Axial spondyloarthritis (axSpA) defines an immune-mediated inflammatory form of arthritis associated with the spine and sacroiliac joints, and it typically presents as chronic back pain. Available data estimate the prevalence of axSpA in up to 1% of adults in the United States.1 The diagnosis of axSpA is challenging and can take up to 10 years from initial symptom onset. Such delays can result in disability, irreversible joint fusion with a significant effect on the quality of life, missed time at work, and increased use of health care resources.2,3

Axial spondyloarthritis has been identified for decades as 2 subtypes of a disease with the same clinical features but different radiographic presentation. Patients with axSpA with an absence of radiographic changes are diagnosed with nonradiographic axSpA (nr-axSpA), and patients with radiographic changes are diagnosed with radiographic axSpA (r-axSpA) or ankylosing spondylitis (AS). However, the spectrum of clinical features on plain x-ray imaging may be considered “normal,” resulting in a subjective approach to diagnosis and the associated diagnostic delay. Part of the challenge with the accurate and timely diagnosis of axSpA may be inherent in the New York classification criteria, based on which diagnostic evaluations are made.4

Unlike peripheral spondyloarthritis, such as psoriatic arthritis, which has well-defined diagnostic criteria, axSpA is marked by longer diagnostic delays (9 months vs 9 years, respectively) due to its relatively less clear criteria.5.6

The availability of magnetic resonance imaging (MRI) imaging studies, genetic biomarkers such as human leukocyte antigen B27 (HLA-B27), and inflammatory markers such as C-reactive protein (CRP) has led to a re-examination of axSpA concepts and the publication of the Assessment of Spondyloarthritis International Society (ASAS) classification criteria. The ASAS criteria accommodate nr-axSpA as an earlier stage of AS and have the potential to reduce the lengthy time to diagnosis after symptom onset. Prompt treatment is essential to halt or to slow axSpA progression. However, in the absence of radiographic evidence of the disease, treating nr-axSpA with available biologic agents has been a clinical challenge.7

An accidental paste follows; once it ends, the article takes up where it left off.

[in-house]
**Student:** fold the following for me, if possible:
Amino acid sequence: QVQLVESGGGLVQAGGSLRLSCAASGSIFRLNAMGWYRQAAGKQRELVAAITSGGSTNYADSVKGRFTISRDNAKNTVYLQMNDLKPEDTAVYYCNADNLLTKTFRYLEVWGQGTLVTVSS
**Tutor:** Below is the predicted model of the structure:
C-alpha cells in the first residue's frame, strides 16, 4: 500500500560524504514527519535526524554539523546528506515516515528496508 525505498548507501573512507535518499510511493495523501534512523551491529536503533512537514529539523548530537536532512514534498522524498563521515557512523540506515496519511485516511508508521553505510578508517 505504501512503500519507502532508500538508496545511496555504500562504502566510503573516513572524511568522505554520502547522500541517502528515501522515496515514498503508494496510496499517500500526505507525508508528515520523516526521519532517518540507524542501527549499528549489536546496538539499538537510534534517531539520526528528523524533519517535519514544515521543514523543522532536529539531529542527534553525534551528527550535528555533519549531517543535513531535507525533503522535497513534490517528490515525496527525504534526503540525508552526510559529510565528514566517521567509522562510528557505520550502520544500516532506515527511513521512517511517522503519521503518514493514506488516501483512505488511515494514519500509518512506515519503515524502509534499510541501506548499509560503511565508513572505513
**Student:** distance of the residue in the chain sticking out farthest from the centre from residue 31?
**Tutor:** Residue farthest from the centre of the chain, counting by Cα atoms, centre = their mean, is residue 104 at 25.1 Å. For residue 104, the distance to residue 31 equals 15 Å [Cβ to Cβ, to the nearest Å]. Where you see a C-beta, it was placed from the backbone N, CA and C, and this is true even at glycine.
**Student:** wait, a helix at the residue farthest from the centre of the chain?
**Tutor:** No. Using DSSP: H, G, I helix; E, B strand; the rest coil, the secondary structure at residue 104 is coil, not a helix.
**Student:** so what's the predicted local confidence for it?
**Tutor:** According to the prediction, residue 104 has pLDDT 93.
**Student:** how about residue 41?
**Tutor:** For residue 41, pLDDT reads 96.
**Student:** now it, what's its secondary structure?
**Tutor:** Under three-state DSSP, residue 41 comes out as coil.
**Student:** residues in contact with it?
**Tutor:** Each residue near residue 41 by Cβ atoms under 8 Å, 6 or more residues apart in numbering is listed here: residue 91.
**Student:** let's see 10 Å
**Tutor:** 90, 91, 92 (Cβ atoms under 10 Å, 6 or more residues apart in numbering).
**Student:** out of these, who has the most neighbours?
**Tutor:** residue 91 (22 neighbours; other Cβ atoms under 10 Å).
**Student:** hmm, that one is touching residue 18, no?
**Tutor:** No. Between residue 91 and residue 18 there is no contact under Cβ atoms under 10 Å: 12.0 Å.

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Have axSpA Classification Criteria Contributed to Diagnostic Delays?

Historically, diagnostic delays of axSpA were inherent in the criteria used in its classification, which was focused on the presence of radiographic sacroiliitis and defined clinical features in the setting of chronic low back pain.

Classification criteria for axSpA have evolved over the years since the initial Rome criteria of 1961. However, the New York criteria of 1968 and the modified New York criteria of 1984,7 required the presence of radiographic sacroiliitis, perpetuating the notion that radiographic evidence on plain radiographs was essential to diagnosis. Plain x-ray radiographic images can be difficult to read consistently. Consequently, there can be significant variability, and the interpretation of what is considered a “normal variation” can differ, introducing uncertainty in diagnostic evaluation. The lack of diagnostic certainty can result in diagnostic delays and a less than ideal approach to treatment. The New York classification criteria were then re-evaluated after studying first-degree relatives of HLA-B27-positive patients with AS, in whom researchers observed evidence of spondylotic disease in the absence of radiologic evidence of sacroiliitis.8

The New York classification criteria identifies axSpA as a condition with various clinical features associated with axial or nonaxial manifestations. The nonaxial manifestations include peripheral inflammatory arthritis, spinal inflammation, uveitis, psoriasis, and dactylitis.7,9 Consequently, axSpA classification according to the New York criteria is inadequate to accommodate the full spectrum of the disease manifestations.

Subsequently, the presence of HLA-B27 and other clinical features, in addition to MRI studies, have contributed to the changing concept of axSpA from a disease requiring evidence of erosions in the sacroiliac joints to a spectrum of diseases with and without erosion.7

Interestingly, patients with r-axSpA and those with nr-axSpA or AS share, with nearly equal prevalence, common extra-spinal and peripheral manifestations. In a cross-sectional analysis of patients with axSpA, the researchers found that the frequency of the manifestation of the clinical features was similar between patients with r-axSpA and those with nr-axSpA (30.7% vs 30.4%, respectively).2,9 The lowest presenting clinical feature was inflammatory bowel disease (2.5% and 1.8%, respectively) and the highest was inflammatory back pain (97.5% and 100%, respectively).2

The Consortium of Rheumatology Researchers of North America (CORRONA) registry evaluated the relative disease burden and patient-reported outcomes for pain and fatigue. The findings were similar among patients with r-axSpA and those with nr-axSpA (disease burden and function, 3.3 vs 3.4; patient-reported outcomes [visual analog scale, 0-100], 45.9 vs 48.5, respectively).2,10 Results from this study suggested that irrespective of radiographic evidence, r-axSpA and nr-axSpA have a similar burden on function and quality of life.

Is There a Benefit in Broadening the axSpA Classification Criteria?

The revision of the New York classification criteria to the ASAS classification criteria in 2009 addressed the broadening concept of axSpA as a spectrum of diseases in which nonradiographic manifestations can progress to r-axSpA.11

The current ASAS criteria classify axSpA by active inflammation, based on MRI imaging or HLA-B27 positivity, with elevated CRP a feature of SpA in the presence of chronic back pain.12